The Federation of Unions of South Africa (Fedusa) said it was outraged after the employment and labour minister only increased the statutory minimum wage by 3.8% to R20.76 an hour with effect from March 1.
The country's National Minimum Wage Act came into effect at the beginning of 2019, compeling all employers in the formal non-agricultural sector to pay their workers a minimum wage of R20 an hour or R3 500 a month.
The minimum wage for farm and domestic workers was pegged at 90% and 80% of those in the formal non-agriculture sector respectively.
In its statement late on Tuesday, Fedusa said the latest adjustment to the minimum wage was "totally unjustifiable and in serious conflict with the vision of ejecting millions of South Africans out of the poverty trap when the legislation was crafted during lengthy deliberations in the National Economic Development and Labour Council".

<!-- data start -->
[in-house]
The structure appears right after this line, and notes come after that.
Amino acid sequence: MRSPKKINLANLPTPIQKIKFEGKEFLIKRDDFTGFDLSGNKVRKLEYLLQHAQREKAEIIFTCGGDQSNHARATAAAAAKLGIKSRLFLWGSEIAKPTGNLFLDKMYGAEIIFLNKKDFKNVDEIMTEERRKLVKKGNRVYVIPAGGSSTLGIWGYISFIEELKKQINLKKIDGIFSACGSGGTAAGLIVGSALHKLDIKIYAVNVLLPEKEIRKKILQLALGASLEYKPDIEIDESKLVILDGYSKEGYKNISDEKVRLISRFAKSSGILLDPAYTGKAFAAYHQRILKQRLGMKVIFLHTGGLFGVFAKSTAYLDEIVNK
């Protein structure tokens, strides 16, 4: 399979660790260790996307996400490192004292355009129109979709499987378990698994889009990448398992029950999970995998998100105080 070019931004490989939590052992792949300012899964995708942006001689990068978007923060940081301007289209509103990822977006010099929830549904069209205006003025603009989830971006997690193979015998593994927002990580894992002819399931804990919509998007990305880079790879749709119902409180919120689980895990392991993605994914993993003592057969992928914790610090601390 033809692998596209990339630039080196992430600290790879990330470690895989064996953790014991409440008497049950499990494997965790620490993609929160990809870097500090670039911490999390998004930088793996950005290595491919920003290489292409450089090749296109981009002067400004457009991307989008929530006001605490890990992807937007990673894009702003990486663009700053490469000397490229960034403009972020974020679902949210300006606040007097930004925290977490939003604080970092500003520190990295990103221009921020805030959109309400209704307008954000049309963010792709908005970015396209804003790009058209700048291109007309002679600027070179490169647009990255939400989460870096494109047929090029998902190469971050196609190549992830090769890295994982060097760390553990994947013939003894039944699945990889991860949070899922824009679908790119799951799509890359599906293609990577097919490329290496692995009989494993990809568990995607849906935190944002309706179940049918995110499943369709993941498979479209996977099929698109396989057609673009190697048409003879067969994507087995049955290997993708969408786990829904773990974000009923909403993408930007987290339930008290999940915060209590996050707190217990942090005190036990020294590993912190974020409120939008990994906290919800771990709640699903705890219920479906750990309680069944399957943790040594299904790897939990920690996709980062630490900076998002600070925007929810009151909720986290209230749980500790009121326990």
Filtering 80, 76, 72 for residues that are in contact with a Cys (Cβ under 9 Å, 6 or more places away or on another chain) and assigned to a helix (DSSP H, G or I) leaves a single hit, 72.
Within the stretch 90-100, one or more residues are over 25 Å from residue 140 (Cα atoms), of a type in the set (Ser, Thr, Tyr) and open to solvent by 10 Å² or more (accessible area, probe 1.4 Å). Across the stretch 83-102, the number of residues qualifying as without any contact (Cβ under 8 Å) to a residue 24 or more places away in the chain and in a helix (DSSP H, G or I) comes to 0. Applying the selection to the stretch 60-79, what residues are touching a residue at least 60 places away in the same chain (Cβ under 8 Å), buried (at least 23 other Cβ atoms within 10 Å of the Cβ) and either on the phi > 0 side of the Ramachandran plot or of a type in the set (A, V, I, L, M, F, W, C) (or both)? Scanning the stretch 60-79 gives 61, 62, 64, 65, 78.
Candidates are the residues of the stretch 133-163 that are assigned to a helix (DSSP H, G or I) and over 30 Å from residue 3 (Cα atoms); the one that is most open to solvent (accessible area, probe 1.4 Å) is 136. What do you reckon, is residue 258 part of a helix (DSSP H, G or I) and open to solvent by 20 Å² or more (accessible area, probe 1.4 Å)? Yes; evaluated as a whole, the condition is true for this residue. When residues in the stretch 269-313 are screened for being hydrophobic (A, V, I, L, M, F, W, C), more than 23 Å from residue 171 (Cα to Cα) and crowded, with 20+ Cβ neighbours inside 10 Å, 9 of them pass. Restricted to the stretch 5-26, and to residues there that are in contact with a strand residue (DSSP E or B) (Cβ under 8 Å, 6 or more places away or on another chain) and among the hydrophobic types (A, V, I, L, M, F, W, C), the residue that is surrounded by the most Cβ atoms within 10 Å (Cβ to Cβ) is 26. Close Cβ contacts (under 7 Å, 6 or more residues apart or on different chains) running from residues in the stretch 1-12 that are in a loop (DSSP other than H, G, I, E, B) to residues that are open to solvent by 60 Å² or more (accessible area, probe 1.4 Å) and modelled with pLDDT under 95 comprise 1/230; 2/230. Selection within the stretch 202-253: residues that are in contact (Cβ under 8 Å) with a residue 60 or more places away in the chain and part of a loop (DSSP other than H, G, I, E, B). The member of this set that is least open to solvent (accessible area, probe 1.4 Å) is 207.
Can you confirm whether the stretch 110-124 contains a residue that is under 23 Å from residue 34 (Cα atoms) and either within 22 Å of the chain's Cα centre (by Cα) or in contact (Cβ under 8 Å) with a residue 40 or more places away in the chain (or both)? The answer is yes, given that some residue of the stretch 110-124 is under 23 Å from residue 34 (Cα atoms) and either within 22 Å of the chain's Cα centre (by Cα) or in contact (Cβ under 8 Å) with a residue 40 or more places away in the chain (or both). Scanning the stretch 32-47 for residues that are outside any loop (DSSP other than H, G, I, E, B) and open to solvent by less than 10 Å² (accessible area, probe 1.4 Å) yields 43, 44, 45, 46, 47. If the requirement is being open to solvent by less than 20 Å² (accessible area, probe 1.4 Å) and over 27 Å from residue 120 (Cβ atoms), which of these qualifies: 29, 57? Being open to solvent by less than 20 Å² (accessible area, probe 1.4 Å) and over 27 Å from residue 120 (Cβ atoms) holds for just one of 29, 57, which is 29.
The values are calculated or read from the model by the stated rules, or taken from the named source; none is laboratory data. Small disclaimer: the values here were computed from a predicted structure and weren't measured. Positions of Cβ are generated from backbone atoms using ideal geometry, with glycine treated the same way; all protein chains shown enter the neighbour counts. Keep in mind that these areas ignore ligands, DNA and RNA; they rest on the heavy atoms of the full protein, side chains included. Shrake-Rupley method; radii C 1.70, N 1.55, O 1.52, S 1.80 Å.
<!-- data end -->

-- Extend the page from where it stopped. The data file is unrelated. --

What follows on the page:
Fedusa had rejected an initial call of a 5% increase at the end of January.
"This latest move is simply undignified," it said on Tuesday, noting that the increase was below the current consumer inflation rate of 4%.
"Fedusa will call for an urgent enquiry on the rationale by the National Minimum Wage Commission. We will not allow the most vulnerable sectors of society to continuously have their disposable income further eroded whilst food, fuel and electricity prices keep increasing at an alarming rate.